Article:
[Click the image above to check out all Naruto: Uzumaki Chronicles 2 screens.]

 

Cavia, formed by a group of ex-Ace Combat developers, is usually good at providing a visually appealing game or a few decent hours of gameplay at the core of their games. They rarely provide both. The developer — responsible for games like Ghost in the Shell: Stand Alone Complex, Drakengard, and VampiAre Rain — surprised many with the first Uzumaki. While not a great game per se, the first Uzumaki did a good job of providing visuals that accurately captured the stylistic milieu of the Naruto world and offered responsive controls, flashy visual attacks, and solid camera angles. In essence, a decent effort from a dev team not known for great things. On the other hand, Uzumaki Chronicles 2 feels like a regression.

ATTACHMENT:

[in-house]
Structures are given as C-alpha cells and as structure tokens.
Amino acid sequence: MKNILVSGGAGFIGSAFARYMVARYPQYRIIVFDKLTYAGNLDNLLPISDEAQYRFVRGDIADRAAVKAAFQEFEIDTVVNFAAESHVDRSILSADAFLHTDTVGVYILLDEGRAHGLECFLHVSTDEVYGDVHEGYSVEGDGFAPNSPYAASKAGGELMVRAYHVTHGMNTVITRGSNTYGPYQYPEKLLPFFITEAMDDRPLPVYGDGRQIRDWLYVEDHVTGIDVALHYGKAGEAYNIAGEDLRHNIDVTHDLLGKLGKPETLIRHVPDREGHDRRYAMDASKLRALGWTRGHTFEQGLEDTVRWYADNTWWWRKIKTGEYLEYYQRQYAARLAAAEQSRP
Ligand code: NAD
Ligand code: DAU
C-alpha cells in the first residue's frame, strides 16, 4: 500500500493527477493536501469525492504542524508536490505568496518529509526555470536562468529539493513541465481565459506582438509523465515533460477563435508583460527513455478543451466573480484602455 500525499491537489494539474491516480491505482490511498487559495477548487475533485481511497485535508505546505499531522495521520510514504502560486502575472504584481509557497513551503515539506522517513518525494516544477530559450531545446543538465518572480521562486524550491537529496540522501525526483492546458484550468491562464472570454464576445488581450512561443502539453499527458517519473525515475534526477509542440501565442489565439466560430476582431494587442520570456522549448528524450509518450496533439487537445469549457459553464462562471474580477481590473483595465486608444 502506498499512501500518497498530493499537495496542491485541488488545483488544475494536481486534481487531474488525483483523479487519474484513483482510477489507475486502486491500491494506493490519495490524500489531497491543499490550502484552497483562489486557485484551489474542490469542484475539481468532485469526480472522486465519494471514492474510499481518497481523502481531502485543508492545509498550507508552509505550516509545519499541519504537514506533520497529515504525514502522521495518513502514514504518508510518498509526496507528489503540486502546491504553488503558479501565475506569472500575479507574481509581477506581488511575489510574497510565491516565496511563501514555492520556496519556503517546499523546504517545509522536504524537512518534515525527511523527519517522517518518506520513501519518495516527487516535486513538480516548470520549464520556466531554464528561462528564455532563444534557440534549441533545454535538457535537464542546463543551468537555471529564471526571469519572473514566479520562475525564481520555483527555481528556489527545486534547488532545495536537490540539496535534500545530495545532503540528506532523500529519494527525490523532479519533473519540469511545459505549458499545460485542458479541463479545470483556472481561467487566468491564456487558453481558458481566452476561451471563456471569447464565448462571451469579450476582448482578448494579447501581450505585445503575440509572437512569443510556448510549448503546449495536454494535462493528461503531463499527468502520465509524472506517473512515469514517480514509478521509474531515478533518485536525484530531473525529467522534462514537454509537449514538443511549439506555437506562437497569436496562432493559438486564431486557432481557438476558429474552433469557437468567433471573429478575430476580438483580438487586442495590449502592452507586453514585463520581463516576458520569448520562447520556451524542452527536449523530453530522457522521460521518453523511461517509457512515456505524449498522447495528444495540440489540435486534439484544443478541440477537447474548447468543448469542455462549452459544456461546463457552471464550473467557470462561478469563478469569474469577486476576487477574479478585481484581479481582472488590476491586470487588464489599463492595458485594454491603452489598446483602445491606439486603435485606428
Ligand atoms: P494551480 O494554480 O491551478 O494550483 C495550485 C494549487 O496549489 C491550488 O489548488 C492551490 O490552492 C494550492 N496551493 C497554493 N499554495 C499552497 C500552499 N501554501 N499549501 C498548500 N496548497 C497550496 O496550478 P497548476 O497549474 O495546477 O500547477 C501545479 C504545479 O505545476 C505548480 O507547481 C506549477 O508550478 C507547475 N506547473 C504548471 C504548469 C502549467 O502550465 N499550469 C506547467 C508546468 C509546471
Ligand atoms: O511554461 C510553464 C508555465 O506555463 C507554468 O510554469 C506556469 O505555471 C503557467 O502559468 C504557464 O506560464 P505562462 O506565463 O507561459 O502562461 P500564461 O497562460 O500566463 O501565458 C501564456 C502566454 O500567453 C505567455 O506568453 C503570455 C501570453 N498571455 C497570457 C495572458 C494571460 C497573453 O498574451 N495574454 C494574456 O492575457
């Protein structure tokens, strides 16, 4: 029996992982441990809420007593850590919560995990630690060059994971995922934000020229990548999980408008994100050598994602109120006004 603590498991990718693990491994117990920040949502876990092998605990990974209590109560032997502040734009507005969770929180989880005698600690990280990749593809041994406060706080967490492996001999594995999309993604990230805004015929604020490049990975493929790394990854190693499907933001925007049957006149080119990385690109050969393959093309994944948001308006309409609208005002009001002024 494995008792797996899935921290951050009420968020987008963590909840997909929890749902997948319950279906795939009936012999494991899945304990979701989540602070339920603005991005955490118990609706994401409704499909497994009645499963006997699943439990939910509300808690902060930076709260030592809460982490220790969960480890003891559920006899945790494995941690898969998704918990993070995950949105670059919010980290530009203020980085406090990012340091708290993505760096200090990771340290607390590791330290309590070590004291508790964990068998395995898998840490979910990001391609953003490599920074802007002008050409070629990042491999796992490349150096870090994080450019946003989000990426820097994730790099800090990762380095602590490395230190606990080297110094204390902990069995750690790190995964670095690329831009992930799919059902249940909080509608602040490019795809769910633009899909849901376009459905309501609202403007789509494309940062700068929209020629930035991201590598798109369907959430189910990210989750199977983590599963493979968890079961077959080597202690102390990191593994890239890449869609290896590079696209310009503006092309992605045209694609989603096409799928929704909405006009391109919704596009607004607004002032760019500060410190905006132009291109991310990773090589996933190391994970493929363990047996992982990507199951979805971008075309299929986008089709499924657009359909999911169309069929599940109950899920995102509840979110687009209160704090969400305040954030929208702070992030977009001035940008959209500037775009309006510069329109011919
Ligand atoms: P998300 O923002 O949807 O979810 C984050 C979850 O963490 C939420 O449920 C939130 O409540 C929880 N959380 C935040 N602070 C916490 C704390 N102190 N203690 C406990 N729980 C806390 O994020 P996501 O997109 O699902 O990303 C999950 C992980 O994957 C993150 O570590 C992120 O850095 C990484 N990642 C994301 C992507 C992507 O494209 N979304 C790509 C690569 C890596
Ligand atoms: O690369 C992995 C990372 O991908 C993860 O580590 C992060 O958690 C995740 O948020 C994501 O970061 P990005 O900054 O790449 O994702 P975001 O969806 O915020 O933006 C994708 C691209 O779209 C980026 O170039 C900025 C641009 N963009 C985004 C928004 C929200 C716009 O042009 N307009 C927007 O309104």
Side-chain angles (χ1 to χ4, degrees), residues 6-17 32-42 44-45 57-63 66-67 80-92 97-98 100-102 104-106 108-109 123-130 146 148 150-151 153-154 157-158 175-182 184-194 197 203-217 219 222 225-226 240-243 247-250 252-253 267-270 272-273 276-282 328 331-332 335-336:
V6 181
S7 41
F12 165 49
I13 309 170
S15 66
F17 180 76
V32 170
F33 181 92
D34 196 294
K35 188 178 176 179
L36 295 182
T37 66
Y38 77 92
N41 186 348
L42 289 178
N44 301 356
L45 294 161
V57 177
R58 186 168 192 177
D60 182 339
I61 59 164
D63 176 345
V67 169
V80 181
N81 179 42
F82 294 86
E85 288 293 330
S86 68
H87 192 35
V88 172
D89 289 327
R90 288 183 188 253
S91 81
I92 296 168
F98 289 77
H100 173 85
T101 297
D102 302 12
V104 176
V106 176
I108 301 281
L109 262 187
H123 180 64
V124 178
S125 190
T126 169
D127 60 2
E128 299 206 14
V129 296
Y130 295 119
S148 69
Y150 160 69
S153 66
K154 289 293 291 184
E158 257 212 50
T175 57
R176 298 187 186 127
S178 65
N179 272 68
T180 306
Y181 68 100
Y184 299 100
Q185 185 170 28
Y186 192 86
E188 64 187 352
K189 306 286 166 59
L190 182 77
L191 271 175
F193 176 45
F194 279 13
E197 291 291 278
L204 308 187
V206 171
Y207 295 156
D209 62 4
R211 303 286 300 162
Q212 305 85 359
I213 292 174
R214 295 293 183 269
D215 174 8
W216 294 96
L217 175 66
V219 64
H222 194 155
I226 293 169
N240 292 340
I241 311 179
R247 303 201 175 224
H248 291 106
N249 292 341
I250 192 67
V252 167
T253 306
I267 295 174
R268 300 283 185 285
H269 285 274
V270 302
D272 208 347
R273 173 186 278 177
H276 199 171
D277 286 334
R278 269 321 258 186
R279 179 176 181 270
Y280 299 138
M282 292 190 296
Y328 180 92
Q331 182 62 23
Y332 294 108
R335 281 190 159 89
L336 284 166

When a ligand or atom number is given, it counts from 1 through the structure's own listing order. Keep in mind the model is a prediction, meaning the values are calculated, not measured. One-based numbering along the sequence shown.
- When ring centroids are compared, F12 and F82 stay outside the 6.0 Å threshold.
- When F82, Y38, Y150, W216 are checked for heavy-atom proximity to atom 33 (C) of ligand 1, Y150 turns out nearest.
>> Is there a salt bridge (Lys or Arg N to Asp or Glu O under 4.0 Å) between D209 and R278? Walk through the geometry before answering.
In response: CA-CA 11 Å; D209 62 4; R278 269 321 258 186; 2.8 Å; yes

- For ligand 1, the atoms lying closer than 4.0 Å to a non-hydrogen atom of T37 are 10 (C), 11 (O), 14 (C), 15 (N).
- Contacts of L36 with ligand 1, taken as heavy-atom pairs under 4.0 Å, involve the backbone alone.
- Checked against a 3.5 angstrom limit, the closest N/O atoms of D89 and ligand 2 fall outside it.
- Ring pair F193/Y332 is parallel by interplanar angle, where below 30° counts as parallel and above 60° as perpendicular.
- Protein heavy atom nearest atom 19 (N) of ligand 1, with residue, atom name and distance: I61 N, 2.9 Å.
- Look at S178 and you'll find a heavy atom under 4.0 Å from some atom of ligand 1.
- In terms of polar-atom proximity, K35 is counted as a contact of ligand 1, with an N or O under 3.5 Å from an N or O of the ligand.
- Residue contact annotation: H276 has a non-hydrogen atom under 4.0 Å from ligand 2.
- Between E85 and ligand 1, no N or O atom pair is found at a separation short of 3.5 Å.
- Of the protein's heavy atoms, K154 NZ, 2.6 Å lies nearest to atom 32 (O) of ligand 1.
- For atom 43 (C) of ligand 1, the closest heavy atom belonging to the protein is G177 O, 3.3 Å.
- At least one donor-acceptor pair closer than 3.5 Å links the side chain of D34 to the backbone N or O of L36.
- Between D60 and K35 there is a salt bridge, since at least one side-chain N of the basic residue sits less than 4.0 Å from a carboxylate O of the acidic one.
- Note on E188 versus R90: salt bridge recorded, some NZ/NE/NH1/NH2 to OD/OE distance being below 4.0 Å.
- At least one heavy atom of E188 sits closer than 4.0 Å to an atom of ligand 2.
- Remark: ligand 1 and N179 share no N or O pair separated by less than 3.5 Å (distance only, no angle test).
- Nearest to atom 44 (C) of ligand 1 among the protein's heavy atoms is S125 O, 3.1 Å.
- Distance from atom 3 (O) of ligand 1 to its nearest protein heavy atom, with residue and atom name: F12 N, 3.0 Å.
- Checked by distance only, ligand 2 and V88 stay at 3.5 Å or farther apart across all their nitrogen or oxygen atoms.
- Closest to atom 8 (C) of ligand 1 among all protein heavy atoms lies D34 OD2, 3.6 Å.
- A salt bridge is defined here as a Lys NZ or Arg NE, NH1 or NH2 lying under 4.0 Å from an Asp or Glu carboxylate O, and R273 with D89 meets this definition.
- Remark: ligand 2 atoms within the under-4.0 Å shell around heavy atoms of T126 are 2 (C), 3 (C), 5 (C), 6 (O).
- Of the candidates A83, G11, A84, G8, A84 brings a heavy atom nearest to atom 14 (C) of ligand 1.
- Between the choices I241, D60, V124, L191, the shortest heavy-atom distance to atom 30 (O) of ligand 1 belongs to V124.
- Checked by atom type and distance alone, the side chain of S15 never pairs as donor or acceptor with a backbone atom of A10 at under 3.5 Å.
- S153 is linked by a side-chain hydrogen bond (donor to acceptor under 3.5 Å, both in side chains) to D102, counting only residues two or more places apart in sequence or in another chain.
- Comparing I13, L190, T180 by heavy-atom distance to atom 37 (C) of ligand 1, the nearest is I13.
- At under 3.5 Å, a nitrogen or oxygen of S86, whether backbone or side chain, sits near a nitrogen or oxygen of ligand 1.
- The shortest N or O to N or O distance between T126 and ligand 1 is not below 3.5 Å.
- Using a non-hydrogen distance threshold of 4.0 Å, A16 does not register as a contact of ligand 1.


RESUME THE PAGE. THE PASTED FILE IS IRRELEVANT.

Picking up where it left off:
While the first Uzumaki differed from the rest of the typically cel-shaded Naruto pack by going with a more “realistic” look, the new game offers something in between, embracing some cel-shaded character textures set against standard-approach 3D environments. In short, the game looks shoddy, especially compared to Ubisoft’s Naruto: Rise of a Ninja. Although the game does a nice job of not sticking strictly to the manga’s plot progression, things still feel boxed-in; you’re hand-held through tedious, scripted missions (follow the wind-leaf symbol on the ground!), and some have oblique mission objectives that make for aimless wandering.

[Click the image above to check out all Naruto: Uzumaki Chronicles 2 screens.]